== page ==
As the Federal Reserve has steadily raised its key interest rate over the past year, Americans have seen the effects on both sides of the household ledger: savers benefit from higher returns, but borrowers pay more.
Here’s how the increasing rates affect consumers.
Credit card rates are closely related to Fed actions, so consumers with revolving debt can expect those rates to rise, usually within one or two billing cycles. The average credit card rate was just over 20 percent as of April 26, according to Bankrate.com, up from about 16 percent in March last year, when the Fed began its series of interest rate increases.
Auto loans tend to track a five-year Treasury Note, which is affected by the Federal Reserve’s key rate — but that’s not the only factor that determines how much you’ll pay.
The borrower’s credit history, vehicle type, loan term, and down payment are all factored into this rate calculation. The average interest rate on new car loans was 7 percent in March, according to Edmonds, up nearly a percentage point from six months earlier.
Whether the rate increase will affect your student loan payments depends on the type of loan you have.
The rate for current borrowers of federal student loans is not affected because these loans carry a fixed rate set by the government. The Biden administration’s program to cancel up to $20,000 in federal loans has been blocked by legal challenges that recently reached the Supreme Court; The court heard arguments in February and is expected to reach a decision in the coming months.
But new batches of the federal loans are priced each July, based on the 10-year Treasury auction in May. Rates on those loans have already jumped: Borrowers with federal college loans disbursed after July 1 (and before July 1, 2023) will pay 4.99 percent, up from 3.73 percent for loans disbursed in the same period a year earlier.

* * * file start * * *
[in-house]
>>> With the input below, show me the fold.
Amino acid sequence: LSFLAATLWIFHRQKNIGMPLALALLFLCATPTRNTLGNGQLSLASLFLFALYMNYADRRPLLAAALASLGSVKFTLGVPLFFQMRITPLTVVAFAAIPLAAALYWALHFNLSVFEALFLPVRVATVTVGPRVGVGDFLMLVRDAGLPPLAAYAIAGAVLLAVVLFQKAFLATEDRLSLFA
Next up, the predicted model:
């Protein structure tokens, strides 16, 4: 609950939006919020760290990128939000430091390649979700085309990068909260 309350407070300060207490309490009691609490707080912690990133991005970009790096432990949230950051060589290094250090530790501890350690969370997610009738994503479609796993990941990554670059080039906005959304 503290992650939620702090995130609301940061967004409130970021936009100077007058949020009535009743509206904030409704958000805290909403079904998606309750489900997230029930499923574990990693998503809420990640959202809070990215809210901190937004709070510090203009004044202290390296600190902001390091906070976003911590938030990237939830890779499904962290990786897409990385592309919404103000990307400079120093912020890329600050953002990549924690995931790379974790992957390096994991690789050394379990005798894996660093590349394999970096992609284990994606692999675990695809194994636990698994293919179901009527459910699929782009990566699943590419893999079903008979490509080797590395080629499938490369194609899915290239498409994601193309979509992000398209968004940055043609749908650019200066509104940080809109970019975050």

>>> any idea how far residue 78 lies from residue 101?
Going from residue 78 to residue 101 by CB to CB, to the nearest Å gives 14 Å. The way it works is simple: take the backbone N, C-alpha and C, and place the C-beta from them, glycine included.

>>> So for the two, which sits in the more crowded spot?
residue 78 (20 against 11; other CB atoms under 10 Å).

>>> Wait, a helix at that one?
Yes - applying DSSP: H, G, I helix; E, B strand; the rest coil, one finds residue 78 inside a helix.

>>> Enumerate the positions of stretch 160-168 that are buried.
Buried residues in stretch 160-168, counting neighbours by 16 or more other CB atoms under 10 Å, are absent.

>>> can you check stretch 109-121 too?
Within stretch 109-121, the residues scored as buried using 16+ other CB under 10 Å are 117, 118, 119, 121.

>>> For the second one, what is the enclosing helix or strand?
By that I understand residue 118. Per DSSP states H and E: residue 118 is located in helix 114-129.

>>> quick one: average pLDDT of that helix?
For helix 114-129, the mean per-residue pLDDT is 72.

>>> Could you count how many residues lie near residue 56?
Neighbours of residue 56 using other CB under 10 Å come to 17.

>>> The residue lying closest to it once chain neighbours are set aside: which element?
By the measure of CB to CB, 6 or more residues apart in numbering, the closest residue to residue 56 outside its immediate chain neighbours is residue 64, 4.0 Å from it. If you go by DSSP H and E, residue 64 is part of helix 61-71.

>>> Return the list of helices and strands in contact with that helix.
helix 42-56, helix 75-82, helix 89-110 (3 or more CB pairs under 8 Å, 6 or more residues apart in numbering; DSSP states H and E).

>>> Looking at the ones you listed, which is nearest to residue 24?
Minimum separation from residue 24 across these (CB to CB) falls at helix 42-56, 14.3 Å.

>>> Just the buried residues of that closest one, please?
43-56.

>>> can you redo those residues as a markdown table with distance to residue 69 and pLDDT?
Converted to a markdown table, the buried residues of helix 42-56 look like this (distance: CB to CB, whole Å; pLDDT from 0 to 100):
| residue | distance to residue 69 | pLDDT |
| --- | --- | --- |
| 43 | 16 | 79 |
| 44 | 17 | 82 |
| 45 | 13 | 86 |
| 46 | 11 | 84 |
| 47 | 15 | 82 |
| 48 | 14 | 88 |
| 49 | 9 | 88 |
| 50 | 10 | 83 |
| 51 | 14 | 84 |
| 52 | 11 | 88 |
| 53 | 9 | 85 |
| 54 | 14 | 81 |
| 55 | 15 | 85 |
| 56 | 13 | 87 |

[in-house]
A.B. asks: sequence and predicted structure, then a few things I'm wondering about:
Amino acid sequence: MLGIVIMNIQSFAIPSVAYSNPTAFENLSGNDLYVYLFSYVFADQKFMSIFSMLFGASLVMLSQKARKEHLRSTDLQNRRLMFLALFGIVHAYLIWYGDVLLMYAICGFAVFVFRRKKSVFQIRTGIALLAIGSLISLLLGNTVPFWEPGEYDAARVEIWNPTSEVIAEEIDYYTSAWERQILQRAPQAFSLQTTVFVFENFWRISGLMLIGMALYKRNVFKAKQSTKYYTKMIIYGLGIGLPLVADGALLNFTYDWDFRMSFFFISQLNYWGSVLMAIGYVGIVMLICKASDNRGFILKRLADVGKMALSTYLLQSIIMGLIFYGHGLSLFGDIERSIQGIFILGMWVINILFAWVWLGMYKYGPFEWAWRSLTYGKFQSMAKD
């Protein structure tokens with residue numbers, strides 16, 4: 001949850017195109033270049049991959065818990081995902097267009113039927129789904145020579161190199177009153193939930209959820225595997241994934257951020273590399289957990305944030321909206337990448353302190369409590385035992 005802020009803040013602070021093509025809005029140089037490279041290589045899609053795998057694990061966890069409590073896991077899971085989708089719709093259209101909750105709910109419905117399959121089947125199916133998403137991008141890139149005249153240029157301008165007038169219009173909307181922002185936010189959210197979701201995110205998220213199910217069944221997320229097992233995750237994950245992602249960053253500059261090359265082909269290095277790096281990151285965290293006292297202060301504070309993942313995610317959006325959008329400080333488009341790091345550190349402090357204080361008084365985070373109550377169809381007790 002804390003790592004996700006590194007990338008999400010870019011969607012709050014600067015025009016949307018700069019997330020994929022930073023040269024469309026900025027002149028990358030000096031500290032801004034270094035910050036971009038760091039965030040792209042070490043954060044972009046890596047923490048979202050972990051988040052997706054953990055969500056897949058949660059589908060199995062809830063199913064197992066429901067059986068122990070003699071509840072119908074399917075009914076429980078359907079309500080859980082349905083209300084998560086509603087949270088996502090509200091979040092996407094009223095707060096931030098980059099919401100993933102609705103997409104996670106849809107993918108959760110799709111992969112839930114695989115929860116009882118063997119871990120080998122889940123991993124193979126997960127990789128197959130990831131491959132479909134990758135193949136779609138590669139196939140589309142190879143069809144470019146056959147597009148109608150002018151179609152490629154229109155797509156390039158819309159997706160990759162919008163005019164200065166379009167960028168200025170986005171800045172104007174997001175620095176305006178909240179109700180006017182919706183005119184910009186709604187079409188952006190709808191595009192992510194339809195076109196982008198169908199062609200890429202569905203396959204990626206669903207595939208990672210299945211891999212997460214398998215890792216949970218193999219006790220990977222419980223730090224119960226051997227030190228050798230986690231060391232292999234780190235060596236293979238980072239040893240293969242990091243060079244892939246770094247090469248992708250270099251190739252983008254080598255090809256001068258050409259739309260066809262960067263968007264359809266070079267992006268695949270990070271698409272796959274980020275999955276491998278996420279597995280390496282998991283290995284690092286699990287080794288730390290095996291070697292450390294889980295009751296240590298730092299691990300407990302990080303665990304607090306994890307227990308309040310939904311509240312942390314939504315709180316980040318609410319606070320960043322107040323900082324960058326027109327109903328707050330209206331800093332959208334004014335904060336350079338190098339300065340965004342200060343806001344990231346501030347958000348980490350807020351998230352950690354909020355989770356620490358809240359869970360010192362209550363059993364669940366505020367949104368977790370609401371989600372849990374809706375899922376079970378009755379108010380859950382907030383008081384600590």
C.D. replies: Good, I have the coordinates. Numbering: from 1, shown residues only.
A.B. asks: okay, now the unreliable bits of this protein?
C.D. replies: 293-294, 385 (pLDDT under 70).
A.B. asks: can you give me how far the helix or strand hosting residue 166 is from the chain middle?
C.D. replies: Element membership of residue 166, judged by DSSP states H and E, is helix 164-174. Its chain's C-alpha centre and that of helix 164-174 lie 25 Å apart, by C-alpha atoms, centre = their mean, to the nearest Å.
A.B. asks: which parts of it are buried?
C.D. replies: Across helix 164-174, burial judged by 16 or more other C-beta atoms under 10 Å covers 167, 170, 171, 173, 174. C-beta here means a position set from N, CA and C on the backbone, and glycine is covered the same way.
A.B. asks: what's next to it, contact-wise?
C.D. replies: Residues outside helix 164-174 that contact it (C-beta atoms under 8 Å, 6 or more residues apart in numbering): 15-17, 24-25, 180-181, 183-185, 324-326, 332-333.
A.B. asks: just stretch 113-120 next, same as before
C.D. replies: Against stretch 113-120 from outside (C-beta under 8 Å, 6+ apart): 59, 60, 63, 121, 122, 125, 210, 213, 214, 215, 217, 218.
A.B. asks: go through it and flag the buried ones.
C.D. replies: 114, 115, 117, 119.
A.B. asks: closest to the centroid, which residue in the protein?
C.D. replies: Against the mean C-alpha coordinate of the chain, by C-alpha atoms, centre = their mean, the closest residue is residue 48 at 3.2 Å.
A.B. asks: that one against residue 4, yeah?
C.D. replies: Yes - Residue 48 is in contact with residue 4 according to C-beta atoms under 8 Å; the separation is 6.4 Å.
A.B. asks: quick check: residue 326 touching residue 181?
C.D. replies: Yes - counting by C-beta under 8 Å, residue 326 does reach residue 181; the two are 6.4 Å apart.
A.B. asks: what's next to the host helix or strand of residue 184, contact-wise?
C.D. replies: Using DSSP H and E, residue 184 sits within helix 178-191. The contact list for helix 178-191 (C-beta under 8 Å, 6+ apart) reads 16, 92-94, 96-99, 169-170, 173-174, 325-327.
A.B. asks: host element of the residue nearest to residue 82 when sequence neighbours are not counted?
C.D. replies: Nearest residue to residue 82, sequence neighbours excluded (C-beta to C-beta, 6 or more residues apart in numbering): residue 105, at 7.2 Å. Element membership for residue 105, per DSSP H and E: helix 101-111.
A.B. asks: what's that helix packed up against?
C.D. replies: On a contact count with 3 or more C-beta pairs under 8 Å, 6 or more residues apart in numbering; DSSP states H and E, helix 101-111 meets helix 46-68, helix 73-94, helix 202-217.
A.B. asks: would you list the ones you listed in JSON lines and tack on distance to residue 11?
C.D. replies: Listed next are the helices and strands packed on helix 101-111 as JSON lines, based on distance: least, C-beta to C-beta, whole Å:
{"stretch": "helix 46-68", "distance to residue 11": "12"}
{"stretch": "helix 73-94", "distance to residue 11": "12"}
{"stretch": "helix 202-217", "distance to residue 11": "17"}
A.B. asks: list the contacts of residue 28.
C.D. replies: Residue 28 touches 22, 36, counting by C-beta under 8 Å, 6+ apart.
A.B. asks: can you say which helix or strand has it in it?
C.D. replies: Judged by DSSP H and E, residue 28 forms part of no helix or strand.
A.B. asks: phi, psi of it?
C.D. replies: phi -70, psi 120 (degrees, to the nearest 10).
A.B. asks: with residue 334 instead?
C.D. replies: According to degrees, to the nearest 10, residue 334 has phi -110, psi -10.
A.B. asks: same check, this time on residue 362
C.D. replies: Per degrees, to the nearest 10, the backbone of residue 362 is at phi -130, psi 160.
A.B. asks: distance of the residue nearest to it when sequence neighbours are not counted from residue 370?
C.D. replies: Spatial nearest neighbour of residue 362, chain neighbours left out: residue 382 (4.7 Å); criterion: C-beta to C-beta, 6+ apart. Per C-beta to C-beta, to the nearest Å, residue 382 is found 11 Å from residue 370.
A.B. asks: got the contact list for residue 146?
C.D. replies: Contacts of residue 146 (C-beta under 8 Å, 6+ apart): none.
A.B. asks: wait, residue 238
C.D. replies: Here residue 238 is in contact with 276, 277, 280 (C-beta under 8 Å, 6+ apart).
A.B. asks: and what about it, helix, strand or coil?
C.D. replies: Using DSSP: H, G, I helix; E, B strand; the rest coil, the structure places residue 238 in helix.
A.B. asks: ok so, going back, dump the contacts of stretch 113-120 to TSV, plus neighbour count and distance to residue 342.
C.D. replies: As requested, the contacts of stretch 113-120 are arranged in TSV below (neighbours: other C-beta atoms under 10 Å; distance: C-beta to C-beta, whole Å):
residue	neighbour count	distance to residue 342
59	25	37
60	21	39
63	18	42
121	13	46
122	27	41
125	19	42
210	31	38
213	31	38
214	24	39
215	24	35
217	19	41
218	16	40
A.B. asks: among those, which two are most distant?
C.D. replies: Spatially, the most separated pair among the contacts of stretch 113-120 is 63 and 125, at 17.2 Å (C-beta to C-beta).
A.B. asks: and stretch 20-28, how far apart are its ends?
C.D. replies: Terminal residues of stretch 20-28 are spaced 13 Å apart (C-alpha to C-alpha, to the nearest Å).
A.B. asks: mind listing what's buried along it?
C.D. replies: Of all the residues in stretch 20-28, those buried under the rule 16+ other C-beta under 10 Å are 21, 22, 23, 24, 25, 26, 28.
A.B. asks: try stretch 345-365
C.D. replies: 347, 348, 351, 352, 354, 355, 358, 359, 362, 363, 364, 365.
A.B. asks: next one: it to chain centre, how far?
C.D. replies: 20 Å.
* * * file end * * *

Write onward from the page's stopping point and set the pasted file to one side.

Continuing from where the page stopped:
Private student loan borrowers should also expect to pay more: Both fixed- and variable-rate loans are tied to federal funds rate tracking standards. These growths usually appear within a month.
30-year fixed mortgage rates do not move in tandem with the Fed’s benchmark rate, but instead generally track the yield on 10-year Treasury notes, which are affected by a variety of factors, including expectations about inflation, and the Bank’s actions. The Federal Reserve and how investors react to it all.
After jumping above 7 percent in November, for the first time since 2002, mortgage rates fell nearly 6 percent in February before drifting to 6.4 percent last week, according to Freddie Mac. The average comparable loan rate was 5.1 percent in the same week of 2022.
Other home loans are closely related to the Fed’s move. Home equity lines of credit and adjustable mortgages — each of which carry variable interest rates — generally go up within two billing cycles after a change in Fed rates.
Savers seeking a better return on their money will have an easier time — returns have gone up, but not uniformly.
An increase in the Fed’s key interest rate often means that banks will pay more interest on their deposits, although it doesn’t always happen right away. They tend to raise their rates when they want to bring in more money, and recent turmoil in the financial industry may prompt banks to raise interest rates to persuade anxious depositors to keep money in their accounts.
Prices for certificates of deposit, which tend to track similar-dated Treasury notes, have been rising. The average one-year certificates of deposit in online banks was 4.7 percent at the start of April, up from 0.7 percent a year ago, according to DepositAccounts.com.